Apple's stunned everyone by announcing a live stream of today's special media event. It's handy, public-friendly and a great PR moven--as long as you have the requisite Mac, Safari, and Snow Leopard OS. But it's a smokescreen. Really, it's all about Apple's content-streaming future.
Today's September special event will be streamed live from San Francisco to the rest of the world, so that everyone with an interest in Apple's products can experience the magic of a Steve Jobs product reveal in real time. It's surprising, pleasant, and it's going to be fun.
If, that is, you're using a Mac, an iPhone, an iPod Touch or an iPad--because Apple is using a new system called HTML Live Streaming. Despite the reported benefits of this method for transmitting video (it can be viewed easily in-browser, and has fewer router and firewall problems as it uses existing widely-accepted HTTP protocols) very few people have adopted it yet. As this handy guide notes, there is a way you can view the live stream by using video player app VLC on a PC, but it's going to be a haphazard affair as VLC isn't set up to accept a continuous live video stream in this way.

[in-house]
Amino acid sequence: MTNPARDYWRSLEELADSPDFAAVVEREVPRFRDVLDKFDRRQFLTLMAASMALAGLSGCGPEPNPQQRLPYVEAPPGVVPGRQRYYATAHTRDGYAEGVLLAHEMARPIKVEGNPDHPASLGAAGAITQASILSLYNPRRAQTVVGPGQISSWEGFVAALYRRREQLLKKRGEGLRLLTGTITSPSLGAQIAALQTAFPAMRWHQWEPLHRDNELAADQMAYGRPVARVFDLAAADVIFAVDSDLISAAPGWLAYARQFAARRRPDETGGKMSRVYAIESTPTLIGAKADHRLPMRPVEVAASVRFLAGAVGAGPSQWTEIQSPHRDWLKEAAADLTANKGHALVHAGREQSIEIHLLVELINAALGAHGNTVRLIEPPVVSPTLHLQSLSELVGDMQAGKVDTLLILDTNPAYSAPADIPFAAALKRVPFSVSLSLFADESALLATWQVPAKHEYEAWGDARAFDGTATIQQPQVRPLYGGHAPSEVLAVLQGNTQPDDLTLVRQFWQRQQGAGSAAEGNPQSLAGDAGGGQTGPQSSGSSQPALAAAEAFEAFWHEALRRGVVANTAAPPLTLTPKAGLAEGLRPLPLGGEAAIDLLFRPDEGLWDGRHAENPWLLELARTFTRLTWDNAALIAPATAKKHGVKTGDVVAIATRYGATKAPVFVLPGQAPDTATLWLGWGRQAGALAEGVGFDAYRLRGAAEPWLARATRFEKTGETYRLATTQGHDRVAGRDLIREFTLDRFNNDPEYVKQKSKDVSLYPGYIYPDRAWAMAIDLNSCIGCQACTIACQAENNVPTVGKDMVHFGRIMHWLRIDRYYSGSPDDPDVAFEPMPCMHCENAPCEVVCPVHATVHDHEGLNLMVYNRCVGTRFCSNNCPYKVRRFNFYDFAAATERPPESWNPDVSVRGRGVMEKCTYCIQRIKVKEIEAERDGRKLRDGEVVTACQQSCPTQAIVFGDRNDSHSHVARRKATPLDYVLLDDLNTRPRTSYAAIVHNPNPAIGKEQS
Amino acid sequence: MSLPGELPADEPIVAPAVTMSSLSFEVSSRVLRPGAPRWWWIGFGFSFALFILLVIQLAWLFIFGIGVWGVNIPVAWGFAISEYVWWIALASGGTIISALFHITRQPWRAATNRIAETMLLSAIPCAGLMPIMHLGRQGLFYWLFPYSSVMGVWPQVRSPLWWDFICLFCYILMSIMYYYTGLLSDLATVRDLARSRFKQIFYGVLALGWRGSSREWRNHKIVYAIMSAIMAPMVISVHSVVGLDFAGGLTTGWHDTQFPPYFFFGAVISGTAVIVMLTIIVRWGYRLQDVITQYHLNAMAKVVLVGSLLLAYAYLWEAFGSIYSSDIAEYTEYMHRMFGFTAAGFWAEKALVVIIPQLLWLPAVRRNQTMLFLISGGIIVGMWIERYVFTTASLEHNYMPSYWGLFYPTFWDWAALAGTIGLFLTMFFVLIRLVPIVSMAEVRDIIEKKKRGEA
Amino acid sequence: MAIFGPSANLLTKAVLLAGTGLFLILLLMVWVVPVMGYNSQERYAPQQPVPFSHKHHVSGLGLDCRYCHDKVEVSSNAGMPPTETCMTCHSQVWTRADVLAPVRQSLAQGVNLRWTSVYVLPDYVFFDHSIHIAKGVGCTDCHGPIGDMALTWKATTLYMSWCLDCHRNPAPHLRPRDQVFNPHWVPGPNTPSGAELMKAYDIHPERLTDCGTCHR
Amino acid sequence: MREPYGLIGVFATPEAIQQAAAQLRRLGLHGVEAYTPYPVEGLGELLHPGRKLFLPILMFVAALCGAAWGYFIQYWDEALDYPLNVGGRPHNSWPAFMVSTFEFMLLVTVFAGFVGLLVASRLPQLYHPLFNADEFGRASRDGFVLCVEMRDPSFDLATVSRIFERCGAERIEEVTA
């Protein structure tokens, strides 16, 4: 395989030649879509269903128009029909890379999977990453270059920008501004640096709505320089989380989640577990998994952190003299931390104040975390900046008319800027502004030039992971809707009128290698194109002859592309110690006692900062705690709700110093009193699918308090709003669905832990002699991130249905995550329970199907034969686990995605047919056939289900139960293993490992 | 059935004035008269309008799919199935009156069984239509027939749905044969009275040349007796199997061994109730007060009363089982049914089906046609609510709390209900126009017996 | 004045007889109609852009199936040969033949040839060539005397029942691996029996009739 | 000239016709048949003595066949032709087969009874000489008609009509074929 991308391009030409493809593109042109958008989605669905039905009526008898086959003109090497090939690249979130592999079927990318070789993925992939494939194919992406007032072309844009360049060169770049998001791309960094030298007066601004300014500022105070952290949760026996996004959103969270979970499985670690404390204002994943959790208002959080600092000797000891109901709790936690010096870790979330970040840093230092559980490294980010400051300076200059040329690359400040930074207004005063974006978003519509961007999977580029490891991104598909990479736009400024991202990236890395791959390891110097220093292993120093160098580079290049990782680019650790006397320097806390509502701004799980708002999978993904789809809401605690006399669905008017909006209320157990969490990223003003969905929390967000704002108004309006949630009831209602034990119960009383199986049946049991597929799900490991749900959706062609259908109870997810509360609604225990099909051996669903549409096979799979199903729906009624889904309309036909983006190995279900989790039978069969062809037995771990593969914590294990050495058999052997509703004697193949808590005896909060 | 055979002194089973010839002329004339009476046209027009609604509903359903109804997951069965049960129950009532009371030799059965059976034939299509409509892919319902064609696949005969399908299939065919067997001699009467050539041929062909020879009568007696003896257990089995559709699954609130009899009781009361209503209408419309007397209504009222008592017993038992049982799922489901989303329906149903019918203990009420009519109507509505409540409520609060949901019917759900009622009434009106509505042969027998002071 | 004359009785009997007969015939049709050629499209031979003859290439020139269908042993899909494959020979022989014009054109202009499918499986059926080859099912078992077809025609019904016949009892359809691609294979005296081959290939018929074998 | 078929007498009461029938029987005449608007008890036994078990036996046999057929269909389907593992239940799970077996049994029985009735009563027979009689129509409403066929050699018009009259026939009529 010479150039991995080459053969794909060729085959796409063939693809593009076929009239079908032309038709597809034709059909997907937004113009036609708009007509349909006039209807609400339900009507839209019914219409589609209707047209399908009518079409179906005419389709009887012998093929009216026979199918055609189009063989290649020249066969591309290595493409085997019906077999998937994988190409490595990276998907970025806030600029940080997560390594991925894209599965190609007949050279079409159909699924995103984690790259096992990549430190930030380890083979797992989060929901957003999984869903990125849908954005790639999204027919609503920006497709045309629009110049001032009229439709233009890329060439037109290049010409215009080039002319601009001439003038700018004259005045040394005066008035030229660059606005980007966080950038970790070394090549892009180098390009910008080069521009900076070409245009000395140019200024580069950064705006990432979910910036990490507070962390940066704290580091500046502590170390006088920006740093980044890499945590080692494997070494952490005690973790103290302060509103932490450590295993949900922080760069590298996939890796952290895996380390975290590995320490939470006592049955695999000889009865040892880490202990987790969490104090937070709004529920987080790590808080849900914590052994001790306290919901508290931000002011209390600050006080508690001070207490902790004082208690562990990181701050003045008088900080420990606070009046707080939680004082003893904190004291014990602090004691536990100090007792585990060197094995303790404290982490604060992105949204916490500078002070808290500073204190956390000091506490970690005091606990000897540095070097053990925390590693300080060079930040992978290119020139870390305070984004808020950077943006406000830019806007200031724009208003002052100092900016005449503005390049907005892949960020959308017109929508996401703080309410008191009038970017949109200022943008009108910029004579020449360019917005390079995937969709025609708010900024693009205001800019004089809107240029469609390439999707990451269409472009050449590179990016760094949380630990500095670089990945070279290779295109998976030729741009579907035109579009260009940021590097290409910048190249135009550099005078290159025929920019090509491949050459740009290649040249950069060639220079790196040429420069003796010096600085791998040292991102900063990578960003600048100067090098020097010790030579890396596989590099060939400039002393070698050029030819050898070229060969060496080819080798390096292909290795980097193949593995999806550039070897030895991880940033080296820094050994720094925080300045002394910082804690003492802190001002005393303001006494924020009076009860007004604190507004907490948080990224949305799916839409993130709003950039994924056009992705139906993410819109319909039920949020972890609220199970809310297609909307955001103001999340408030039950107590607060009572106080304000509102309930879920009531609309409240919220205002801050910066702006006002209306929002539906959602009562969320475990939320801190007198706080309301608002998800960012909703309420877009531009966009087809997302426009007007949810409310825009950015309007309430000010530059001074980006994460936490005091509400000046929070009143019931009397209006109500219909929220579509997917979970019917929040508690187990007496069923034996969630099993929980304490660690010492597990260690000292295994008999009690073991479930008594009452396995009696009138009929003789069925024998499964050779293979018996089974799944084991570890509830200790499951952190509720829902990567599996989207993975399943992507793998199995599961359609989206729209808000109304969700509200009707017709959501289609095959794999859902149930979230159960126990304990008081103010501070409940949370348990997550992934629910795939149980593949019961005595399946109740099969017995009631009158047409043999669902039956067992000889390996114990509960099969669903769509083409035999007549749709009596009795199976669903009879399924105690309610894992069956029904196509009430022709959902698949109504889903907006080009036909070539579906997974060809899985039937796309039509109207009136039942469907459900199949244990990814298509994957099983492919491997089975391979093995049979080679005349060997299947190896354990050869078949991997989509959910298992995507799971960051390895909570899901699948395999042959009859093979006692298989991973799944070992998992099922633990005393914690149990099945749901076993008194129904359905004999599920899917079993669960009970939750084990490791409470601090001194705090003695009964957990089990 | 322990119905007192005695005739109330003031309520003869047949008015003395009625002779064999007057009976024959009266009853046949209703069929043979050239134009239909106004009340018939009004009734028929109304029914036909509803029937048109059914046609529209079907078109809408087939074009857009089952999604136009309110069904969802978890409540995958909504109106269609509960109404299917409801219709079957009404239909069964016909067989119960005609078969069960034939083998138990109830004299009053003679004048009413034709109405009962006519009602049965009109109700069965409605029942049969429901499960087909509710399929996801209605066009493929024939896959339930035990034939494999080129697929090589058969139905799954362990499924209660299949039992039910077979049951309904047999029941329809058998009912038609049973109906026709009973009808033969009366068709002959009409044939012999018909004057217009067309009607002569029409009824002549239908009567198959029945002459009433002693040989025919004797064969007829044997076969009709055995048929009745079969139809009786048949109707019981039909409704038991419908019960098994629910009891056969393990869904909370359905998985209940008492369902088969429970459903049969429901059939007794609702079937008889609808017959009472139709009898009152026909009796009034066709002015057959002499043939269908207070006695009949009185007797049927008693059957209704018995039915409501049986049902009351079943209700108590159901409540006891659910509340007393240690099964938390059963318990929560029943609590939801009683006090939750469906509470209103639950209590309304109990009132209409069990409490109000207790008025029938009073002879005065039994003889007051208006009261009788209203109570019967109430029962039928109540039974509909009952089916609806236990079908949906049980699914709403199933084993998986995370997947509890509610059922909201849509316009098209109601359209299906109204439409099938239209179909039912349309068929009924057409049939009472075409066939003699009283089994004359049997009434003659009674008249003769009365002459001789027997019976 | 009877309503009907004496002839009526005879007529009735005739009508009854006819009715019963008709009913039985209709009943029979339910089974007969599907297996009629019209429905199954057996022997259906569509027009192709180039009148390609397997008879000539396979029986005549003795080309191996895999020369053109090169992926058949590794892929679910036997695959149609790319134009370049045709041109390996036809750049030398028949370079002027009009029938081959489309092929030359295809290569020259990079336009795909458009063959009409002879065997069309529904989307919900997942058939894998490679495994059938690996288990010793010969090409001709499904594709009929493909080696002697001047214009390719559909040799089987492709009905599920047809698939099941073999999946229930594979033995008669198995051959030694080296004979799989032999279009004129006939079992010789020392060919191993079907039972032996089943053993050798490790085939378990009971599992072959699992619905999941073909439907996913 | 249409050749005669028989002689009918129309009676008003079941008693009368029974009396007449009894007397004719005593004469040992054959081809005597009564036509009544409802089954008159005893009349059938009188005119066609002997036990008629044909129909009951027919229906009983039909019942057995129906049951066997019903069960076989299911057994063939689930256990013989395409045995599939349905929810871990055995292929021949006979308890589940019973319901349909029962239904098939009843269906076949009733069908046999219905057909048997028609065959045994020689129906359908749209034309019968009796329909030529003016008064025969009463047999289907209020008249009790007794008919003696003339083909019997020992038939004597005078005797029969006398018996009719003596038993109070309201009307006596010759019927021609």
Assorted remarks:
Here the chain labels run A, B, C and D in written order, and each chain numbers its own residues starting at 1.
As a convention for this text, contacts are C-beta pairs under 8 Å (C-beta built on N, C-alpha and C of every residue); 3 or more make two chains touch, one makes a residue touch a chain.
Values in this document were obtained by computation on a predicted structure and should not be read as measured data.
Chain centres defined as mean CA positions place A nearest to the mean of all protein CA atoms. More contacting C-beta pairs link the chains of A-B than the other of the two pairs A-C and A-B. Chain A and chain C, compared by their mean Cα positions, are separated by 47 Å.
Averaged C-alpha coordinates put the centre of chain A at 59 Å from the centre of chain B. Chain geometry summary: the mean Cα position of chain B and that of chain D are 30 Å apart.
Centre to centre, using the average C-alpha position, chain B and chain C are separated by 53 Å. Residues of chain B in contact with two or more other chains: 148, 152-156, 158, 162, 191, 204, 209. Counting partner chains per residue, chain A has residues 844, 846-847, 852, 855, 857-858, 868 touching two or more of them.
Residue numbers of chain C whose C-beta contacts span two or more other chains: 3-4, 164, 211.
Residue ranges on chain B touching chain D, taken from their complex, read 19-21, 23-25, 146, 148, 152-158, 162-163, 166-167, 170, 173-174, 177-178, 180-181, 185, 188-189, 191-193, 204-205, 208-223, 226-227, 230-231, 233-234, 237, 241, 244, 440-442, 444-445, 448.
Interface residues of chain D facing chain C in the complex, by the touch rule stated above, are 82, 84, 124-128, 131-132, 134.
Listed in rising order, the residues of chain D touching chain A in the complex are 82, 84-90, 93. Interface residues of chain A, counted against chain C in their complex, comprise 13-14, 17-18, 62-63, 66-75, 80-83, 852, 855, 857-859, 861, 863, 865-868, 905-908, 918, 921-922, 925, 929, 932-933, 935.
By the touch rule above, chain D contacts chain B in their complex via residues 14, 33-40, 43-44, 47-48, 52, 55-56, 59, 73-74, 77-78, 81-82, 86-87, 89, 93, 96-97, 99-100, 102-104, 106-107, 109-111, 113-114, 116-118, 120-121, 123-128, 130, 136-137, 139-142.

But this isn't Apple being stupidly bloody minded, or flicking an inappropriate finger gesture at the PC-loving world. It's a neat way for the company to achieve one behind-the-scenes task: Test out its mysterious new North Carolina data center, specifically relating to how well the hardware and its Net-connecting pipelines can cope with streaming large amounts of video data at speed to numerous viewers around the globe. We know this courtesy of an insider who's spoken to CultofMac.
And that may then reveal the real secret here: If Apple is making a live video web-cast of its media event, and testing out back-end and software-related issues with streaming content to Apple devices, then can we suspect that it'll be revealing streaming TV show deals and possibly even the revamped Apple TV today?
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